Other related articles published in this Open access Online Scientific Journal include the following:

On Allergan

On Pfizer

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Larry H Bernstein, MD, FCAP, Reporter    Reblog

Clinical Laboratory News Nov 2013;  39( 11)

  The Vicious Cycle of  Under-Valued Cancer Biomarkers

 Could Sweeping Changes Bring More Tests Into Clinical Practice?

By Genna Rollins

It’s a classic conundrum: biomarkers are essential to

  • diagnosing,
  • staging,
  • treating, and
  • monitoring cancer,

yet despite an explosion of research, only a trickle have made it into clinical practice. The factors behind this less-than-desirable circumstance are complex at best, but according to some observers, boil down to the healthcare system’s placing

  • more value on cancer therapeutics relative to biomarkers.

Without a better means of demonstrating the difference biomarkers make in clinical outcomes or management, they remain stuck in a loop of low value:

  1. inadequate funding for research that, in turn,
  2. limits the evidence for clinical utility,
  3. keeping their value low.

A panel of leading scholars, clinicians, and executives recently collaborated about this dilemma in the hopes of starting a national dialogue toward breaking what they call a vicious cycle. Their proposed solutions—as ambitious as the problem is convoluted—can be implemented if the industry has the will to do so, they contend.

“People don’t value tumor biomarkers. They value therapeutics. We all talk about personalized medicine but we don’t really mean it if we’re not willing to value biomarkers the way we value therapeutics,” said Daniel Hayes, MD, Stuart B. Padnos professor of breast cancer research and clinical director of the breast oncology program at the University of Michigan Comprehensive Cancer Center in Ann Arbor. “However,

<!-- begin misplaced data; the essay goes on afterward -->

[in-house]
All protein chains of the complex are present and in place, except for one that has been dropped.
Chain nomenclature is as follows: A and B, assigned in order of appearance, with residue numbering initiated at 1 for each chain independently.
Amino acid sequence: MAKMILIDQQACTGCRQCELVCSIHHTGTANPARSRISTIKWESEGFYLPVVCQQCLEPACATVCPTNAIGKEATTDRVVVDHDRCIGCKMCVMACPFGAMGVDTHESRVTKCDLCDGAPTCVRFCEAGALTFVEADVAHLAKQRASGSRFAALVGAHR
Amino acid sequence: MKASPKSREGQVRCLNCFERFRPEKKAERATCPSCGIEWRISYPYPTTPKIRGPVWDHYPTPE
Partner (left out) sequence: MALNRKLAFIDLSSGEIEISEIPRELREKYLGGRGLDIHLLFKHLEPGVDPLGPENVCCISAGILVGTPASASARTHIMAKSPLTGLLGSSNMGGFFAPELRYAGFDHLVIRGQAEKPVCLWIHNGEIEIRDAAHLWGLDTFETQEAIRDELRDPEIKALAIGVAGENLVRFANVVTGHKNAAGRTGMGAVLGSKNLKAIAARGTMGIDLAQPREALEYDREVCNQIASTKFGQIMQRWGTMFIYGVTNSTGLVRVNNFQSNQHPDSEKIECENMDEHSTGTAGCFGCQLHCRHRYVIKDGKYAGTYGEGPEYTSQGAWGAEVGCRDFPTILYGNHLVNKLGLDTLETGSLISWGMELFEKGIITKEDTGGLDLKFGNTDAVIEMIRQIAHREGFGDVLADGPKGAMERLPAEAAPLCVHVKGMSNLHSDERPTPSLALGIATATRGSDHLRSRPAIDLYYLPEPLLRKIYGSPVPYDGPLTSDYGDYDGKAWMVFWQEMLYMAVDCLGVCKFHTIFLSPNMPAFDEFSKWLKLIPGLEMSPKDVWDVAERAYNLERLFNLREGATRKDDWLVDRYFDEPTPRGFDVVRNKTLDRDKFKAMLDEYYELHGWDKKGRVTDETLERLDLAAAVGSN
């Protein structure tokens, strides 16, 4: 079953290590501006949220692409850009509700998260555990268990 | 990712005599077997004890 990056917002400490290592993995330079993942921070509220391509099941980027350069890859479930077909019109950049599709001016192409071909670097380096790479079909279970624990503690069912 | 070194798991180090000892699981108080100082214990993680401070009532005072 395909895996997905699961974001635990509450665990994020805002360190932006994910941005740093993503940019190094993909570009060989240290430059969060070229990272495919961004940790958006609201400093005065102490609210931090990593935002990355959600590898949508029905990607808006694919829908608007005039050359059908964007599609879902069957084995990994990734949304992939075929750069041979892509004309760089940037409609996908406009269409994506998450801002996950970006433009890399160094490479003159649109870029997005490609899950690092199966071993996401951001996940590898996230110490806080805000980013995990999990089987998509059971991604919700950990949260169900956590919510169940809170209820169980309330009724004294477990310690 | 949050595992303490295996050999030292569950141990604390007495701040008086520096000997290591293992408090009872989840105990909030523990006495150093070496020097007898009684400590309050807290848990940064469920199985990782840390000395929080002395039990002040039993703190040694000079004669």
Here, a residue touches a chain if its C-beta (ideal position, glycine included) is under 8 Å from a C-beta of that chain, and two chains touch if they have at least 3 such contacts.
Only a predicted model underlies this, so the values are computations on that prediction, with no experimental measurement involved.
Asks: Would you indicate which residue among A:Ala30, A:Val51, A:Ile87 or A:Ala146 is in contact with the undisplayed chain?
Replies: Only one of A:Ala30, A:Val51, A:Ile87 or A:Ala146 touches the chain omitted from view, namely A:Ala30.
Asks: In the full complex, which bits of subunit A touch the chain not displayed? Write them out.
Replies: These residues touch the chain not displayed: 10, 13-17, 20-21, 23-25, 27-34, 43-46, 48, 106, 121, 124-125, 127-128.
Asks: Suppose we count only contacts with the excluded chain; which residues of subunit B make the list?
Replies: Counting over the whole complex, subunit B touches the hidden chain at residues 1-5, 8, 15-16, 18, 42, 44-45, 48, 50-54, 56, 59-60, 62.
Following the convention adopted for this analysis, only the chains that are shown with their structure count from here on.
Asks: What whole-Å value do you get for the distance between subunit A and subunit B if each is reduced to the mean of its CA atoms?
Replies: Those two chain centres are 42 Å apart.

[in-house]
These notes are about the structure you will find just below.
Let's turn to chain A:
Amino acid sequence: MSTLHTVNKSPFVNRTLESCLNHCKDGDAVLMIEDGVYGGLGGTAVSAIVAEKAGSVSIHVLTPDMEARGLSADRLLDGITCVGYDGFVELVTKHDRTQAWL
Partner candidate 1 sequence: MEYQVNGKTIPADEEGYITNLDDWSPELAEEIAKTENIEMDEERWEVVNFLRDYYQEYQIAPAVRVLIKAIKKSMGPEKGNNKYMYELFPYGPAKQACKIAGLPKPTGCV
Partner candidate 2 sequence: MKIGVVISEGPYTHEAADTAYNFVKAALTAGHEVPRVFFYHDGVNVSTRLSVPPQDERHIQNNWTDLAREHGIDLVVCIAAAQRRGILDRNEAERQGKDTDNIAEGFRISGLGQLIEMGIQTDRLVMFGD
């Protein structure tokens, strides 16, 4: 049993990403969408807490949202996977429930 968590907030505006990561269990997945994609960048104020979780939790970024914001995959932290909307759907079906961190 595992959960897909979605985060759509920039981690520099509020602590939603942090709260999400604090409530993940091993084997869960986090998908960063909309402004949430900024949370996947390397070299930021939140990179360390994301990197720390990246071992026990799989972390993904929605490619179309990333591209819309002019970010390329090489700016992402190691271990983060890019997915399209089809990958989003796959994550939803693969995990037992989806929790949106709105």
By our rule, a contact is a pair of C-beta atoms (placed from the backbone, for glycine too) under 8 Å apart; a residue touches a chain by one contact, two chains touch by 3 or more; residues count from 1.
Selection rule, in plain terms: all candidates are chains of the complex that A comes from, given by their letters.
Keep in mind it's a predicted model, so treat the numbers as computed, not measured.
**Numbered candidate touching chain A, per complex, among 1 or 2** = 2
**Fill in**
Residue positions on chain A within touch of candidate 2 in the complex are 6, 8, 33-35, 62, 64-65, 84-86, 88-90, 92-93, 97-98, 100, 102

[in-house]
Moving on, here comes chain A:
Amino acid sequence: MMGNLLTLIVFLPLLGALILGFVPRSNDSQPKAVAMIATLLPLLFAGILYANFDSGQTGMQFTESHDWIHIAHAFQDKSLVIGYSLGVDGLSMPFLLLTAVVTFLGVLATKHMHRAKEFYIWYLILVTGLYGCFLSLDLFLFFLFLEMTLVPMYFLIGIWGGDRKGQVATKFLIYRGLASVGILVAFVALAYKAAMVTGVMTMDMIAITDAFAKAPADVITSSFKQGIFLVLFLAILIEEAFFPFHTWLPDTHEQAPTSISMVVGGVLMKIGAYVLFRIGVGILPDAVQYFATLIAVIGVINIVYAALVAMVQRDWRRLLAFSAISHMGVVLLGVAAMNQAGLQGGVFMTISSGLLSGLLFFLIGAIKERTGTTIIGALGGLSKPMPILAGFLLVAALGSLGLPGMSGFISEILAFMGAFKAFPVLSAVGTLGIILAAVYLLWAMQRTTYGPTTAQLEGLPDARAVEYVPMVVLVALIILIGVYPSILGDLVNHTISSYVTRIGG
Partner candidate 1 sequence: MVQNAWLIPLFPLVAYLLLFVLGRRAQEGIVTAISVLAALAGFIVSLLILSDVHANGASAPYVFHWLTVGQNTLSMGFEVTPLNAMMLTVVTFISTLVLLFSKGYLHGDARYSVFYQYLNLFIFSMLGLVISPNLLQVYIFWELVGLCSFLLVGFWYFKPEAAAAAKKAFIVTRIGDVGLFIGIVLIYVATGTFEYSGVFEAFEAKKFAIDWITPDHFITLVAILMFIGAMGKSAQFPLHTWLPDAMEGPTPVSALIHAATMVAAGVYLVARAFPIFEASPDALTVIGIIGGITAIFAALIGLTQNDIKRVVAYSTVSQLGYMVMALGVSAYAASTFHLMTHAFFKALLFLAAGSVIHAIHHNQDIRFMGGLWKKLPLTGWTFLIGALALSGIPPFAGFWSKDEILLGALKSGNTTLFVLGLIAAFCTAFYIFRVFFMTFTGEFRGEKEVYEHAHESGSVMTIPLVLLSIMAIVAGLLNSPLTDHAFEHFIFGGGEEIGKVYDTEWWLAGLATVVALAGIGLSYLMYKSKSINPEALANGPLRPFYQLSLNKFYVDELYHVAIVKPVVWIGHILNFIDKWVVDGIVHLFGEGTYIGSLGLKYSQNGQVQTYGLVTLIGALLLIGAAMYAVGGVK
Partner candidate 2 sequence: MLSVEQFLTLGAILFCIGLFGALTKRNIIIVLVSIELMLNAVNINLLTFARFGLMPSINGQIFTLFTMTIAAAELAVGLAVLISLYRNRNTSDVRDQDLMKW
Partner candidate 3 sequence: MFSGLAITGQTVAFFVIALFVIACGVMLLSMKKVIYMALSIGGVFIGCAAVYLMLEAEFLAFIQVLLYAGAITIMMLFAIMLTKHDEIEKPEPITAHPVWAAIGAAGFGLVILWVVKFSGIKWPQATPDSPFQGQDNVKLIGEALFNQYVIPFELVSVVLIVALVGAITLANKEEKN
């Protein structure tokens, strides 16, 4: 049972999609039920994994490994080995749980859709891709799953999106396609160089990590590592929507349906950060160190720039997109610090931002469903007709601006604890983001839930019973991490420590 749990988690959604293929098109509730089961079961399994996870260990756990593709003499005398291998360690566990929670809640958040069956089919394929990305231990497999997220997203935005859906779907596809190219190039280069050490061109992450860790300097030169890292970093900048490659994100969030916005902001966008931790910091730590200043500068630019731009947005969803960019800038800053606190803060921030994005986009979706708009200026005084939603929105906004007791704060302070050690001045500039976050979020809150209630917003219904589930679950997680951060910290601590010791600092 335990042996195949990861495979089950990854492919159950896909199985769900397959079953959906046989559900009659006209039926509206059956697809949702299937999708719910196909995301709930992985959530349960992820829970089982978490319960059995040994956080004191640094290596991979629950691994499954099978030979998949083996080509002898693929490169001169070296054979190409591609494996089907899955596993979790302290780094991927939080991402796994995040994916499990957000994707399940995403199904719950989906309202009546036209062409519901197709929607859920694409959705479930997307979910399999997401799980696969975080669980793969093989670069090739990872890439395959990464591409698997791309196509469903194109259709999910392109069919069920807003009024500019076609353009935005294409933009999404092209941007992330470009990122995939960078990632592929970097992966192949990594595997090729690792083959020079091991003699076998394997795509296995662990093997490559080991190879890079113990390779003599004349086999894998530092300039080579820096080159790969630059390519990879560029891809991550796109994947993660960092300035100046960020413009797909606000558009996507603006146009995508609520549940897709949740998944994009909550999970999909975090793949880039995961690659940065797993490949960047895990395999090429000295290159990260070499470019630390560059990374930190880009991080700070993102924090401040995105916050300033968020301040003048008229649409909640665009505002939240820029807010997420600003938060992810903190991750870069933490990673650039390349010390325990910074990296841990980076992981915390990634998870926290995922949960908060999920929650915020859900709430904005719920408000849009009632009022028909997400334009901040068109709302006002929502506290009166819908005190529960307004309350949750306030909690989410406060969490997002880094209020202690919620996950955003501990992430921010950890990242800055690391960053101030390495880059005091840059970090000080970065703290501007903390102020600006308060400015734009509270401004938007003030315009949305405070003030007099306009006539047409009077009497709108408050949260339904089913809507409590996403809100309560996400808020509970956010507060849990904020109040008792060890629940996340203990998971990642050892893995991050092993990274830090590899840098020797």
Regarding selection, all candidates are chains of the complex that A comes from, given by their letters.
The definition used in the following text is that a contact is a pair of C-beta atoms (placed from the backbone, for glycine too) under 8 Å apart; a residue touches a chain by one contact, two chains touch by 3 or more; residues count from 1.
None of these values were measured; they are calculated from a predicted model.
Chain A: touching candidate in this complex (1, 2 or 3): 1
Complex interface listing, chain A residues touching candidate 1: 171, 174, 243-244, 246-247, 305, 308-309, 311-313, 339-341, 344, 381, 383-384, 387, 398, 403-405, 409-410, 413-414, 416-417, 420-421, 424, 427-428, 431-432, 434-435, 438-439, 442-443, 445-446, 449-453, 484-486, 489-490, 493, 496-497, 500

• if we insist on doing biomarker research the same way we do therapeutic research, it gets very expensive.

But without putting the kind of money and research into it that’s necessary to determine clinical utility, payers don’t want to pay as much for a diagnostic as a therapeutic, and we’re stuck in this vicious cycle.”

Hayes has been on the forefront of thinking about how to bring more clinically meaningful biomarkers into cancer care, and he was the lead author of the group’s commentary, which was published

  • in the July 31, 2013 issue of Science Translational Medicine (Sci Transl Med 2013;196:1–7).

 A Bad Track Record

Whether or not they concur with all elements of Hayes’ and his colleagues’ vicious cycle concept, many in the cancer field agree that biomarkers have an anemic batting average. The scientific literature is replete with reports of promising cancer biomarkers, but

  • fewer than two dozen protein tumor markers have been cleared by the Food and Drug Administration (FDA)—
  • only about half in the past decade—and not all have been embraced by clinicians.
  • The same is true of lab-developed tests (LDTs).

While some paradigm-shifting cancer biomarkers with obvious clinical utility have been implemented rapidly in practice, others—be they FDA-cleared or LDTs—never really have found a niche. An example of the latter is

  • UGT1A1 testing prior to starting irinotecan hydrochloride chemotherapy in colorectal cancer patients.